Susan Fancher: In Two Worlds. Innova Recordings 736; one CD, $15.98. Electronics recorded by Mark Engebretson et al, with collaborative recording at the UNC Greensboro’s School of Music Recital Hall and Organ Hall.

Susan Fancher‘s new CD In Two Worlds aptly describes not only the material and methods of the title work by Morton Subotnick (1987/2007) but the genre’s combined worlds of solo saxophone with electronic sound, a challenging performance medium ideally suited to Fancher’s considerable artistic and technical abilities.

This recording immerses the listener in seven unique environments that range from tranquil to dramatic, worlds inhabited by forces and sounds that defy definition. Shimmering creatures and exotic birds populate “Jovian Images” (Reginald Bain, 2008), and “SaxMax” (Mark Engebretson, 2006) teases the ear with allusions to the sea, bird-like patter on its beach, and ephemeral strains of a distant jazz club. 

“Penelope’s Song” (Judith Shatin, 2004/2007) contains the most overtly referential material. Dedicated to Homer’s Queen of Ithaca who employed weaving to rebuff suitors, the work’s ostinato is sampled from the sounds of a wooden loom. This rhythmic element gives forward motion to the music, and sets the work apart from the others in that respect.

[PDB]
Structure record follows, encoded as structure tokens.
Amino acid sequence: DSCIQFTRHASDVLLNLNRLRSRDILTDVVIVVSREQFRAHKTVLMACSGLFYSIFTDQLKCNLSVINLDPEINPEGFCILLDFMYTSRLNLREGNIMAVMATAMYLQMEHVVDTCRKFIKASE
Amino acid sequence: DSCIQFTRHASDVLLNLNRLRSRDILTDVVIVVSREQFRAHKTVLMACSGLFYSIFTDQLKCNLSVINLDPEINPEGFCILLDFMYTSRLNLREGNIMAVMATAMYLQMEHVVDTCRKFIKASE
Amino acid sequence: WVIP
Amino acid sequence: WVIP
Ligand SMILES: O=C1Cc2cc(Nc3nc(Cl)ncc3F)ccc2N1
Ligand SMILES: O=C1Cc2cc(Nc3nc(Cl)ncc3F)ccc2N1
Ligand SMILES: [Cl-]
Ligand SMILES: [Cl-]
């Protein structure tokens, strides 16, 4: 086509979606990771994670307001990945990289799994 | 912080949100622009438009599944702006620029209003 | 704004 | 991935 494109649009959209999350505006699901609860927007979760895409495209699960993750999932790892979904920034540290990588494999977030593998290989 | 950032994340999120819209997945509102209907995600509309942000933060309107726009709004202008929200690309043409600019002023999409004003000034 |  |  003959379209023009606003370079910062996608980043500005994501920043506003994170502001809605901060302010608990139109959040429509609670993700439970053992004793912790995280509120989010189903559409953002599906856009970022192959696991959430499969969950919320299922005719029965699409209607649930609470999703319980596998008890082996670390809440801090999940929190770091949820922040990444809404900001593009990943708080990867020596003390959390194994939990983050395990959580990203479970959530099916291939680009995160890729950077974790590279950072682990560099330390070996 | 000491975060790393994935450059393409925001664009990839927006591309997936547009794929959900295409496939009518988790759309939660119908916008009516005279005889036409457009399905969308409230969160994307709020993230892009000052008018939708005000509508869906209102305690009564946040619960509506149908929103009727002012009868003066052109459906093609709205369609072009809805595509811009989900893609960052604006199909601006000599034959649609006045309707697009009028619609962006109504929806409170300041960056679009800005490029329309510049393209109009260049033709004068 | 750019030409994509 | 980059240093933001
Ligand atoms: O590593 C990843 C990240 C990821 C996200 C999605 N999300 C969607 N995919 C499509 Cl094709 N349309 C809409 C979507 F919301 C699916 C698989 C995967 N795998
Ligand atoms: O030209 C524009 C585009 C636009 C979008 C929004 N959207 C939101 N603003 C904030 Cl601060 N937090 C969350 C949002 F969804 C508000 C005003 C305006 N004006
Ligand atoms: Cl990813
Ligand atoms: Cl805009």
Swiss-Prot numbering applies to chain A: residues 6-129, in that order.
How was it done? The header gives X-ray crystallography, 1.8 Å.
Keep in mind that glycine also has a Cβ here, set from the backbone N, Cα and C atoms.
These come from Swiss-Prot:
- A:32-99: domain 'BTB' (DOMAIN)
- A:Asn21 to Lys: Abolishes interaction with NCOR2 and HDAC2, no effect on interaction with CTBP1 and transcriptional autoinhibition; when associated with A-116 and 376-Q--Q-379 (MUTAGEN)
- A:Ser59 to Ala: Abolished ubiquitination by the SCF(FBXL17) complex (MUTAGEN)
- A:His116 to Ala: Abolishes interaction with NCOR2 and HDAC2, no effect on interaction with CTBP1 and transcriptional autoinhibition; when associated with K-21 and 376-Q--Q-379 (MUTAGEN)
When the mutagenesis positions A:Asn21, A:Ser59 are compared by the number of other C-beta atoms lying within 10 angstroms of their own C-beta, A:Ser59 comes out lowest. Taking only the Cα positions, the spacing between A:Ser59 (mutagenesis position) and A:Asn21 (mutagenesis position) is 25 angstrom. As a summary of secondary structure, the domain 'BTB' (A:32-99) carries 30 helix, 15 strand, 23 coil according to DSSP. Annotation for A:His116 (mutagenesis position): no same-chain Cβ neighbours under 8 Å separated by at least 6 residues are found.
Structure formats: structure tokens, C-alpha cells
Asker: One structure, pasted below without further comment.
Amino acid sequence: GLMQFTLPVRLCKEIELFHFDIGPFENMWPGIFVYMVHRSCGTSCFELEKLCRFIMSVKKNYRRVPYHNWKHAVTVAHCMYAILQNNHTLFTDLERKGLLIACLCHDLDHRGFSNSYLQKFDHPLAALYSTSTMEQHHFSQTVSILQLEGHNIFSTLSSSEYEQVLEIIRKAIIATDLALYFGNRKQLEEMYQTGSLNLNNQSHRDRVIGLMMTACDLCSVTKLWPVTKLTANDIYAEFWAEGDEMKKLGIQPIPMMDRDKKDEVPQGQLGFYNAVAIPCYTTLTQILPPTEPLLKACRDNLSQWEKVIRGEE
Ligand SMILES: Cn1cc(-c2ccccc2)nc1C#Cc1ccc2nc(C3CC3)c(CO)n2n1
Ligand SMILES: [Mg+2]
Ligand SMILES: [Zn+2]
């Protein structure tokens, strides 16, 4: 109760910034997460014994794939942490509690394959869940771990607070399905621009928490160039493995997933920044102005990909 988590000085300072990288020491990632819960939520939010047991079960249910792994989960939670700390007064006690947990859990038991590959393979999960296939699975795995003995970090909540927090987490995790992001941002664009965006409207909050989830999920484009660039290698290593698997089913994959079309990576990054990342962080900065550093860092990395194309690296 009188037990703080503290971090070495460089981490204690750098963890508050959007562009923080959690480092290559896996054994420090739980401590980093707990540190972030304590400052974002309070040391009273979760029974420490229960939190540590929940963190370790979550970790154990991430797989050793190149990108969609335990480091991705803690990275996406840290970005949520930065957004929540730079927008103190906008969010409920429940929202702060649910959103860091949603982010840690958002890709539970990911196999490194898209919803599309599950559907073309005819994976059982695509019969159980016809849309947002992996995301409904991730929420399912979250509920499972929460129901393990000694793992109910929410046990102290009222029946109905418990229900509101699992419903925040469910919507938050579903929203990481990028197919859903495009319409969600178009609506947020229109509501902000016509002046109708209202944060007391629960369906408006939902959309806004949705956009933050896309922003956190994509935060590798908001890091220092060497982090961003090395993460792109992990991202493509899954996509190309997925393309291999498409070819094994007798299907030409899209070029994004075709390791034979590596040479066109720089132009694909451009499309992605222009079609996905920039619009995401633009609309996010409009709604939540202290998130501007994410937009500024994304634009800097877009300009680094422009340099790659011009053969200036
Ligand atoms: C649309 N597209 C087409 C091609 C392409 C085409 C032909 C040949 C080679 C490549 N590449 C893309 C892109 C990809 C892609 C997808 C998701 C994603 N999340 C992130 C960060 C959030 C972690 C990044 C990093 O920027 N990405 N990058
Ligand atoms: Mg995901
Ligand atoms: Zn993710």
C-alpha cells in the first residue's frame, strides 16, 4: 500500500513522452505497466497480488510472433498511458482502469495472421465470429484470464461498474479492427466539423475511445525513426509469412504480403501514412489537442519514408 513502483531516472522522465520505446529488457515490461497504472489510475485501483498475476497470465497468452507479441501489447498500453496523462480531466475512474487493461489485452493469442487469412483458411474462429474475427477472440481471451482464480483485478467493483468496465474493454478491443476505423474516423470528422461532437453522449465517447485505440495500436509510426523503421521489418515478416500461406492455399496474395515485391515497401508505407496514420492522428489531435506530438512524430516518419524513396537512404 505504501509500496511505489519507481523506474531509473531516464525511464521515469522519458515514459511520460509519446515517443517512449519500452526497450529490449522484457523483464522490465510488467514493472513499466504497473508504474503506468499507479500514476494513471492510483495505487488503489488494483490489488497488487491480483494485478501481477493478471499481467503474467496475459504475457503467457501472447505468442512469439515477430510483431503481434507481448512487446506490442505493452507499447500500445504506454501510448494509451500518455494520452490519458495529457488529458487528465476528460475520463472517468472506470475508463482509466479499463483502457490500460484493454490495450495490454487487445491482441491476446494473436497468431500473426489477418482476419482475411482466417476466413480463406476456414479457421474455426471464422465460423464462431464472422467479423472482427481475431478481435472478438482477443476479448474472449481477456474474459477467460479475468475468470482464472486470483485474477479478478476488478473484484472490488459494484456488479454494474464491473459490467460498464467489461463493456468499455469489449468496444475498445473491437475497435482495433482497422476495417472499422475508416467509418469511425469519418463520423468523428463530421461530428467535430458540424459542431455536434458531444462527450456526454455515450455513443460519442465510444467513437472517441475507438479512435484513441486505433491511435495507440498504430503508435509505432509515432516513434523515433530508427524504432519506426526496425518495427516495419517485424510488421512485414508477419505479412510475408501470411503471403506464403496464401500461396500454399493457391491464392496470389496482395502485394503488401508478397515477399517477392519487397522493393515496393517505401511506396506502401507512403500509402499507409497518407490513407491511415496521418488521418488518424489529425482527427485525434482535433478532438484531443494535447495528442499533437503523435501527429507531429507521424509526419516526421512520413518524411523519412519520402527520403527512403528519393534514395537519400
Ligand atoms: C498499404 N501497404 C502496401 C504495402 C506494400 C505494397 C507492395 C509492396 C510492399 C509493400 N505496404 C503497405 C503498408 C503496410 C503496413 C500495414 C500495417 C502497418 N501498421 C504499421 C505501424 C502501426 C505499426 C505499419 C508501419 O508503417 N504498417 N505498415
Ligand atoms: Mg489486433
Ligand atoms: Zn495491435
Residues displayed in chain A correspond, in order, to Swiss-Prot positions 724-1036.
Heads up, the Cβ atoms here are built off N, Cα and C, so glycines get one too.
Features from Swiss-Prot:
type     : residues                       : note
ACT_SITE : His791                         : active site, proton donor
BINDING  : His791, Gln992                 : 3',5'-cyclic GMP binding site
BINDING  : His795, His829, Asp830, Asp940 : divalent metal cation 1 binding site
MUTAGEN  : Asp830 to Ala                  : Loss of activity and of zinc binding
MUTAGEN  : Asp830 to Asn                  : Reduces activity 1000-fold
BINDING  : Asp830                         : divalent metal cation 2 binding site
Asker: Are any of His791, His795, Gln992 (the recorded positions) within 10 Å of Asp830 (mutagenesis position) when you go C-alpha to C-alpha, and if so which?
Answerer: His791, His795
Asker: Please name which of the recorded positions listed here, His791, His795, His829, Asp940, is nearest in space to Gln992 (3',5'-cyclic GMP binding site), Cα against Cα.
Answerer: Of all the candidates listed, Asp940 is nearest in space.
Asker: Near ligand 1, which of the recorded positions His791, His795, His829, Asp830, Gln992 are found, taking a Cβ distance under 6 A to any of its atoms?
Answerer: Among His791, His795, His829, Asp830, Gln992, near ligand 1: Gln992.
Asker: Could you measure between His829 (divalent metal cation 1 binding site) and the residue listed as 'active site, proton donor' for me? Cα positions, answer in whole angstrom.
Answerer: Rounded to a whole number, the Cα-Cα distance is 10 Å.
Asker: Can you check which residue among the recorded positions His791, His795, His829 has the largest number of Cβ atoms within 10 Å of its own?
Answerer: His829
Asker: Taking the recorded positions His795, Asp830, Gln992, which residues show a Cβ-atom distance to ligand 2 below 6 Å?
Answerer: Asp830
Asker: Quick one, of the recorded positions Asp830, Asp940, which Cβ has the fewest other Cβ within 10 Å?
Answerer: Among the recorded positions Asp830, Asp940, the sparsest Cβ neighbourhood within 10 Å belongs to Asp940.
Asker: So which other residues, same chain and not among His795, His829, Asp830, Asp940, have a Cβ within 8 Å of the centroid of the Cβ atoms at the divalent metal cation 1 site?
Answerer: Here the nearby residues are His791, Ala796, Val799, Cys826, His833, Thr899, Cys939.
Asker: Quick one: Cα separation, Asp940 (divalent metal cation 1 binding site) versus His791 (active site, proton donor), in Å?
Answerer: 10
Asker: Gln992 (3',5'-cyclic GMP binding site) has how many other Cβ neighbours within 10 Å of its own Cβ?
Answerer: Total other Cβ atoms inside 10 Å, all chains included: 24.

Edmund Campion intended extra-musical associations when composing “Corail” (2001). He writes that “only when human culture moves within an ecological niche can it relate appropriately with all the fields of forces of nature.” This view is expressed via the saxophone’s improvisation within computer-generated manipulations of its own sounds.

In “Slammed” (James Paul Sain, 2006), the saxophone’s melodic line seems blissfully unaware of its malevolent surroundings. But foreboding gives way to “Aeterna” (John Anthony Lennon, 1996), a sublime piece built upon the concept of unfoldings. The composer makes use of alternate fingerings in rapid interchange, which enhances minimalistic patterns and yields percussive effects.   

The electronically produced sounds on this recording demonstrate the vast creativity of composers unconfined by the limitations of physical instruments and human ability. But Susan Fancher’s stunning performances seem equally unfettered, and her presence is the high touch balance to the high tech. She is an eminently capable and virtuosic guide through the sophisticated landscapes of In Two Worlds, a journey well worth taking.